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Alan Bernstein: Public boat dock/marina at Cincinnati Public Landing would not serve larger riverboats

BB Riverboats owns and operates three U.S. licensed and certified vessels: The Belle of Cincinnati, 1,000 passengers; the River Queen, 500 passengers; and the Mark Twain, 150 passengers.

For more than 40 years, my family has operated cruises, events centers and restaurants on the Ohio River. We have worked tirelessly to bring visitors, events and attention to the communities and businesses that are along the river.

So I felt it necessary to make clear that BB Riverboats does not oppose plans by the Cincinnati Park Board to install a public boat dock/marina on the Cincinnati Public Landing. We do, however, agree with many others that Cincinnati’s Public Landing is not the best site for the boat dock/marina.

A better, more functioning site is just to the west of the proposed location, between the end of Main Street and the Roebling Suspension Bridge. (FOR REFERENCE, SEE THE NOV. 19 MINUTES OF THE CINCINNATI PARK BOARD MEETING.)

The reason is simple yet incredibly important to the river’s future as a tourist attraction and visitor destination – the location of the dock being considered by the Park Board would prevent beautiful, large riverboats that are so synonymous with the Ohio River from docking at the Public Landing.

If the Public Landing is blocked, then large vessels like the American Queen could no longer make Cincinnati a destination on their Ohio River voyages. Planning is underway for the next Tall Stacks, a major tourist attraction that brings thousands of visitors and millions of dollars in spending to the region while paying homage to Greater Cincinnati’s great Ohio River heritage. But it would cease to exist on the Cincinnati side of the river under the Park Board’s plan.

I have served on the Water Advisory Committee since 1984, and for years we have discussed a new marina. And the majority opinion has always been locating it at the foot of Main Street.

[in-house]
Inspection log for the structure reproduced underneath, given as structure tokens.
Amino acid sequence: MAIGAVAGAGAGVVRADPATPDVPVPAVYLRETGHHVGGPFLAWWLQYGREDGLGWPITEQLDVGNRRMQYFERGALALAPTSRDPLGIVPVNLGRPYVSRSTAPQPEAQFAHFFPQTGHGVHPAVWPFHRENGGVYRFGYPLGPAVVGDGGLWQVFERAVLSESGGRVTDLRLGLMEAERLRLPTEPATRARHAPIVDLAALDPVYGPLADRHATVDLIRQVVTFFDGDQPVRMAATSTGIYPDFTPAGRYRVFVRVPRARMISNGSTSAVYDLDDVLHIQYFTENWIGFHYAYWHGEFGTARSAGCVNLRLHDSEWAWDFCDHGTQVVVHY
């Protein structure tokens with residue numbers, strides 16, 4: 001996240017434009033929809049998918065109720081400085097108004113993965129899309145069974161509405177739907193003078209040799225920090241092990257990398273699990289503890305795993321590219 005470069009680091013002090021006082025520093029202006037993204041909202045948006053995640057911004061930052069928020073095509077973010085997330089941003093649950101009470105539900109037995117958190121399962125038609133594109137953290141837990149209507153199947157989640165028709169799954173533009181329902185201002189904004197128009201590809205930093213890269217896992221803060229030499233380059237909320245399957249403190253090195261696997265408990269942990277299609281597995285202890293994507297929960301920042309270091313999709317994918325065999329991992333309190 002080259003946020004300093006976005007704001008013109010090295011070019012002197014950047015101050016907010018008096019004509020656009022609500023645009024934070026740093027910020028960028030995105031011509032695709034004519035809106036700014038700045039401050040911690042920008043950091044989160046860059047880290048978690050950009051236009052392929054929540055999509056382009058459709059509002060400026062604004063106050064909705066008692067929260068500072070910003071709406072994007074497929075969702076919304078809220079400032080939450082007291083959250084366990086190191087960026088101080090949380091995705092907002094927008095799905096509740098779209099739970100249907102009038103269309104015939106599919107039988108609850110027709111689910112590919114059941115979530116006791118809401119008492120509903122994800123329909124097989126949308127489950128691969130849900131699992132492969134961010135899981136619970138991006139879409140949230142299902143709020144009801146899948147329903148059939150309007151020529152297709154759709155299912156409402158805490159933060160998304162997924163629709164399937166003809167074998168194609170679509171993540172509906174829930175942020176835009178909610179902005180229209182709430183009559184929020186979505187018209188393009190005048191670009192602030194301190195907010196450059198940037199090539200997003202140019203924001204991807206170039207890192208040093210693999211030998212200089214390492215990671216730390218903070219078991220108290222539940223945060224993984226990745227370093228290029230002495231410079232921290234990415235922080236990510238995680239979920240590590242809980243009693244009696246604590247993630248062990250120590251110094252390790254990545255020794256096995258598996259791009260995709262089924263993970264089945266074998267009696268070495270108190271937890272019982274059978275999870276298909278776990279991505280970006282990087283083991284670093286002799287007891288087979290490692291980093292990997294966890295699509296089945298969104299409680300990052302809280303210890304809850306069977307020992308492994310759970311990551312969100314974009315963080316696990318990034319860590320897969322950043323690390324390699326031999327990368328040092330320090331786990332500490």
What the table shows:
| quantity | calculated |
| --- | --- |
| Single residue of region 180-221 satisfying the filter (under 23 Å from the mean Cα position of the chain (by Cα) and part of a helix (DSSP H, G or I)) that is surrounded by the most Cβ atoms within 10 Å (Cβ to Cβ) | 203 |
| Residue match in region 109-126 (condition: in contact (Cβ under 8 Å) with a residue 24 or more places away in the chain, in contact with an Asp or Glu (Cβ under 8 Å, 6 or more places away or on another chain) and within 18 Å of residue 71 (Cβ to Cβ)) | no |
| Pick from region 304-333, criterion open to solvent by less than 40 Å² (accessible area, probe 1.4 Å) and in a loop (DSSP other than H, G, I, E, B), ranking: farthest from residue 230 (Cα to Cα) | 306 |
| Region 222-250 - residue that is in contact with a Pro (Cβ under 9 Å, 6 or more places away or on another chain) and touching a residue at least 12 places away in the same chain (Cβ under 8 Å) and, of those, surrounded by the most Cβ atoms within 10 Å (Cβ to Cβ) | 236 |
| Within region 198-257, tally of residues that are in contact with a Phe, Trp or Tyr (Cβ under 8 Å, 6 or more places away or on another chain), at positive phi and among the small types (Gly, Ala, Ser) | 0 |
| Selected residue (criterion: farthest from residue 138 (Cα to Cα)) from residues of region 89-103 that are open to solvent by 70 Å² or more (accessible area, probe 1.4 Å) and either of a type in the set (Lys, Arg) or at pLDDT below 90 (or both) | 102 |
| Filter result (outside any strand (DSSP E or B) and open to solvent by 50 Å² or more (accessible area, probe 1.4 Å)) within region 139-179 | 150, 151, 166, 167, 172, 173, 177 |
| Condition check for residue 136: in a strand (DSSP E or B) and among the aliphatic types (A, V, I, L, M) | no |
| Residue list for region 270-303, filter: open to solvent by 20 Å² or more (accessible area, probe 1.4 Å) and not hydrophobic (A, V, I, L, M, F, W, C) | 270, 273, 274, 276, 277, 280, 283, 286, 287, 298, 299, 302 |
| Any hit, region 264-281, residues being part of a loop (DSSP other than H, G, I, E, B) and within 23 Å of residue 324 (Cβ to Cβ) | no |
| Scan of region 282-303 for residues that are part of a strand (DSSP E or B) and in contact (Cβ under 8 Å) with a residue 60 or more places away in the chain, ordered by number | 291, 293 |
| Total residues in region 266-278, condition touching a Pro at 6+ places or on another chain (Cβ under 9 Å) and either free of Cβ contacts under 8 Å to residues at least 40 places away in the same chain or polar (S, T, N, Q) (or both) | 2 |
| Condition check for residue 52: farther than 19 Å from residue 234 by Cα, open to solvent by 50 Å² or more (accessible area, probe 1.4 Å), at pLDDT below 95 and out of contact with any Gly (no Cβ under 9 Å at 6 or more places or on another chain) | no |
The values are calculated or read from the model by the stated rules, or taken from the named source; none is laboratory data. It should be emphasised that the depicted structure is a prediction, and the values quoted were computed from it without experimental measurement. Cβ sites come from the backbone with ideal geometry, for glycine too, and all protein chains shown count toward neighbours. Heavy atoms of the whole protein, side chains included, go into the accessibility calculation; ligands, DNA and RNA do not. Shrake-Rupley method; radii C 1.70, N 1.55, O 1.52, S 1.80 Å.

I am not alone in expressing my concerns.

Following are excerpts from a Dec. 16 written to the Park Board by Gary Frommelt, Vice President of Marine Operations for the American Queen Steamboat Company:

“It appears to me that a development of this magnitude would compromise the ability for the large, overnight riverboats to make a landing in Cincinnati. Our three vessels, all authentic paddlewheel riverboats, most notably the American Queen, a true steamboat, value and certainly wish to continue our planned landings in Cincinnati.

“With the expansion of our fleet, we have more Cincinnati landings planned in the future. In addition to this, other companies are expanding their fleets and operations so I expect riverboat visits such as ours will only increase in frequency to your City.

“We look forward to continued and expanding landings in the Queen City but we also ask the City to ensure proper planning is involved for any future developments to ensure that the Public Landing remains just that – a Public Landing and that ample room is provided so the welcome mat for large riverboats in Cincinnati is always out for our passengers to visit.”

As discussions about a marina/boat dock progress, we ask that the Public Landing maintains the ability to allow large riverboats access for boarding and disembarking passengers.

Captain Alan Bernstein is the second-generation owner of BB Riverboats, which offered its first cruise from Covington Landing in 1980. BB Riverboats moved to Newport’s Riverboat Row in 2005 and now offers cruises on three certified passenger vessles.

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